A new technical report from Palau International Coral Reef Center (PICRC) has found that Palau’s western outer reefs were mostly unscathed by Typhoon Surigae.

One of the strongest typhoons in recent memory, Typhoon Surigae caused almost $5 million in damages when it passed Palau’s western coast in April 2021. However, although researchers feared the storm would severely damage the western outer reefs, the Center’s new study confirms that Typhoon Surigae did not significantly decrease the reefs’ coral cover.

“We observed an increase in turf algae in 2021 which is likely due to algae colonizing the substrate after the typhoon” said Christina Muller Karanassos, the study’s lead author. “But other than that we didn’t record any major damage.”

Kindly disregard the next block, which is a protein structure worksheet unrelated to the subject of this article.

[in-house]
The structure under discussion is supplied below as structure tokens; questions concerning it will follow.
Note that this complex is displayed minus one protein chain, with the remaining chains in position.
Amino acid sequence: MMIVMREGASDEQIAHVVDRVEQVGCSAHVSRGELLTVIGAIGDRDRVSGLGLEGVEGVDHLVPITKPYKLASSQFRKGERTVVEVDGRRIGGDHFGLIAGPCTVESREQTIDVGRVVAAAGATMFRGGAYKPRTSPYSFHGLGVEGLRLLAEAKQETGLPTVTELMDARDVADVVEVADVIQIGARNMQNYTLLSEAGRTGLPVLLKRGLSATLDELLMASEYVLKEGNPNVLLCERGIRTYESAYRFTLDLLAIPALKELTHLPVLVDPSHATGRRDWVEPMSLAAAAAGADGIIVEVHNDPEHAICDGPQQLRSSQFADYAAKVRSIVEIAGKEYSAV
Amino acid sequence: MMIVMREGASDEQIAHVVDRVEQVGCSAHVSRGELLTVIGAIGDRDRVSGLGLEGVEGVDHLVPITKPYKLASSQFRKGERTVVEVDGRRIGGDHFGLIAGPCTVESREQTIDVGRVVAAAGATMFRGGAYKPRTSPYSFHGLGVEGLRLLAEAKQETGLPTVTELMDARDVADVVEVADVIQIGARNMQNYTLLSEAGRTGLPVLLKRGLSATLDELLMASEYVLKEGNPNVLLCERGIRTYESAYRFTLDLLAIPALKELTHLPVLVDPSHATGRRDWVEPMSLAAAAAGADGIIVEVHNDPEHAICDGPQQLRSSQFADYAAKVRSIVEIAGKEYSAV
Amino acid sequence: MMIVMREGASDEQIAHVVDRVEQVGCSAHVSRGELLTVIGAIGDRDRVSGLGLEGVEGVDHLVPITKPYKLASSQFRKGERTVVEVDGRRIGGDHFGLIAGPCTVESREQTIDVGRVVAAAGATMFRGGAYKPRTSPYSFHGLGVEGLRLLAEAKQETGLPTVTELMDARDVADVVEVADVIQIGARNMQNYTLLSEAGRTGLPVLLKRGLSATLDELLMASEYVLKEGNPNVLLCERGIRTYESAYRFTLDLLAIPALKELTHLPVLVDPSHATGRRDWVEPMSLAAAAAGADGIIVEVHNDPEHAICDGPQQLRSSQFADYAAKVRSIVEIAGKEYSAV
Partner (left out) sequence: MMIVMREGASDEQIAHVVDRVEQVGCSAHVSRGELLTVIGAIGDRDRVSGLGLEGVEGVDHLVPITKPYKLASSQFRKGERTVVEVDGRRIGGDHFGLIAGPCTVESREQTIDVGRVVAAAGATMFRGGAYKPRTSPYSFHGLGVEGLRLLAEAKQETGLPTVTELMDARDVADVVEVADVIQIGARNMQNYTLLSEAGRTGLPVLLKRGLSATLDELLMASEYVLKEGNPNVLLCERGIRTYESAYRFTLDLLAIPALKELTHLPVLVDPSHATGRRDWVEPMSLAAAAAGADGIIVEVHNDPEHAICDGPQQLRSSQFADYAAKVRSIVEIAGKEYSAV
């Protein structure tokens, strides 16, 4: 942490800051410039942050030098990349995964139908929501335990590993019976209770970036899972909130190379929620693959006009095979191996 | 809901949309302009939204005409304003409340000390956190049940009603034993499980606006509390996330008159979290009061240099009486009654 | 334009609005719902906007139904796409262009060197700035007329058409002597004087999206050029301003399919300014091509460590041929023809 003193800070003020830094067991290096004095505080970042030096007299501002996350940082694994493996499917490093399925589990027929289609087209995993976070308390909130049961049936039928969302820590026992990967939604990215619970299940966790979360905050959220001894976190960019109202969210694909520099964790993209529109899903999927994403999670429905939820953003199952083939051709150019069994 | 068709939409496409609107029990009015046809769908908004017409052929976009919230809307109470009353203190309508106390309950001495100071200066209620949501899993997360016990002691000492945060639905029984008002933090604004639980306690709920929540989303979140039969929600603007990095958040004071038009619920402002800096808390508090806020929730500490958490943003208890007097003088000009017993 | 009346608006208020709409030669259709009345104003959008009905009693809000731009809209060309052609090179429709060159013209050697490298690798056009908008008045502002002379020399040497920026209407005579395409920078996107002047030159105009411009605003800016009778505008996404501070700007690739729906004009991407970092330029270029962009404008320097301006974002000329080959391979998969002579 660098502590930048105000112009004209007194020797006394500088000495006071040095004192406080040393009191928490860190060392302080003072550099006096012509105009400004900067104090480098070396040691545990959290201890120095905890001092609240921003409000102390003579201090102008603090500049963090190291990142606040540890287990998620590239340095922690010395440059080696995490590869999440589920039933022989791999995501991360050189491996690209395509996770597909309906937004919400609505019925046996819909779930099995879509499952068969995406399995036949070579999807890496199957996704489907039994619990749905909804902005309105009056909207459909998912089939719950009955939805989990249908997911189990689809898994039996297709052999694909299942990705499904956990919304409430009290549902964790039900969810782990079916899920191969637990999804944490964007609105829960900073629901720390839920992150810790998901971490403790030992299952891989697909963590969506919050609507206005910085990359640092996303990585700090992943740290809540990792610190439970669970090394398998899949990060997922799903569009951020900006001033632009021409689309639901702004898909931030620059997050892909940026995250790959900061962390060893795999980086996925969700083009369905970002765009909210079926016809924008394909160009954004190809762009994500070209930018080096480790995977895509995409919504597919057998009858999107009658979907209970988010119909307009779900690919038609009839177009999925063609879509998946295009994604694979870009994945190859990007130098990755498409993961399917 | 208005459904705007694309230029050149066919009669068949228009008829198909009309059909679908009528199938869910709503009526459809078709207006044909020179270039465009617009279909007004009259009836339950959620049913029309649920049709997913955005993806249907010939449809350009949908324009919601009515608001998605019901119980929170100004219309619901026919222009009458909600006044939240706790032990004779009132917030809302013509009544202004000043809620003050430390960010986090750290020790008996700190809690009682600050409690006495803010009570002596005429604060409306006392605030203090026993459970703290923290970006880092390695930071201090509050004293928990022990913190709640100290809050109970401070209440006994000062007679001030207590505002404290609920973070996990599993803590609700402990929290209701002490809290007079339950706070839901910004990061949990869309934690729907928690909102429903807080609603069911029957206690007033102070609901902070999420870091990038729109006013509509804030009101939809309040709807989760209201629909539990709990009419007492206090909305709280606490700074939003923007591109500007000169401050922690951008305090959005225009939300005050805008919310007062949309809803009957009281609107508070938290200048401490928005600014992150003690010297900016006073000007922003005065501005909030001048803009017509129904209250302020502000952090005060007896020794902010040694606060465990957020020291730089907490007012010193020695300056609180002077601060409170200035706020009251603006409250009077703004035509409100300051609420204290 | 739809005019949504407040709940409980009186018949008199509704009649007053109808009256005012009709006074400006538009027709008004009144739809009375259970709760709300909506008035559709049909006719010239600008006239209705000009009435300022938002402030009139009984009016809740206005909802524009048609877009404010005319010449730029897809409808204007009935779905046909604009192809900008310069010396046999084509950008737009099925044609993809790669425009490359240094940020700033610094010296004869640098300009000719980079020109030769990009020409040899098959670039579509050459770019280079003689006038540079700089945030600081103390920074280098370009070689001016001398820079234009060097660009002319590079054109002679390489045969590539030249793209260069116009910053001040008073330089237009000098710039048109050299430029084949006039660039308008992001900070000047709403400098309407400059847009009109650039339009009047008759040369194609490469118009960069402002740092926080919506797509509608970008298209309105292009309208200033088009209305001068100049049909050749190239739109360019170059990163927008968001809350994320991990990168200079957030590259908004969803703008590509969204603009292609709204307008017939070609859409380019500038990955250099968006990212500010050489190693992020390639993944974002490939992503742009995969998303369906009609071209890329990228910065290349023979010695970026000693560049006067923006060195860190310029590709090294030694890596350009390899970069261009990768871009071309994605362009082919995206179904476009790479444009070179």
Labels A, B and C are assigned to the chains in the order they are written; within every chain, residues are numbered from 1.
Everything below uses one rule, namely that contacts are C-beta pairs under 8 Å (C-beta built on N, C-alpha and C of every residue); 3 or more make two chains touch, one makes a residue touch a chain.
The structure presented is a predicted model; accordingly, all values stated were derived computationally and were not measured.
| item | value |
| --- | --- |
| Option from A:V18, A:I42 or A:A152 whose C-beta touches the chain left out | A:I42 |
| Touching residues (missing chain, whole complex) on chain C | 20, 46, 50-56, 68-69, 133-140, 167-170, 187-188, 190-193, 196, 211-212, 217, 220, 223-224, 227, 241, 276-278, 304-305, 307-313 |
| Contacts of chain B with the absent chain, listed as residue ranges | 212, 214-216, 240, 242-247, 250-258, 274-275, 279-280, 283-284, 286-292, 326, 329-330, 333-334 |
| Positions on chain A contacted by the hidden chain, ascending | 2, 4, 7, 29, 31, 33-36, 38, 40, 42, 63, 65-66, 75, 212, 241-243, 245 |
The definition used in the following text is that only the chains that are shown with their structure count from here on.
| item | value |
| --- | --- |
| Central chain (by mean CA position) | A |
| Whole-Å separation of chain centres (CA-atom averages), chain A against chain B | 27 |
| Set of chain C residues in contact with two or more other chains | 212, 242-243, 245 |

Of all the western reef sites surveyed only Siaes, located in Koror state, showed a significant impact, experiencing a decrease in coral and increase in turf algae following the typhoon. This decrease in coral cover was likely driven by the loss of fragile branching corals species such as Seriatopora spp., Acropora spp.and Porites spp.

“With climate change increasing the frequency and severity of typhoons, it’s important to be able to accurately monitor their impact on coral reefs” continued Muller Karanassos. “It’s also critical to maintain our herbivorous fish populations to control turf algae following these disturbances.”

PICRC completed this study as part of its ongoing coral reef monitoring program. The full study is available online at picrc.org/work/technical lreports or upon request at outreach.picrc@gmail.com or 488-6950.

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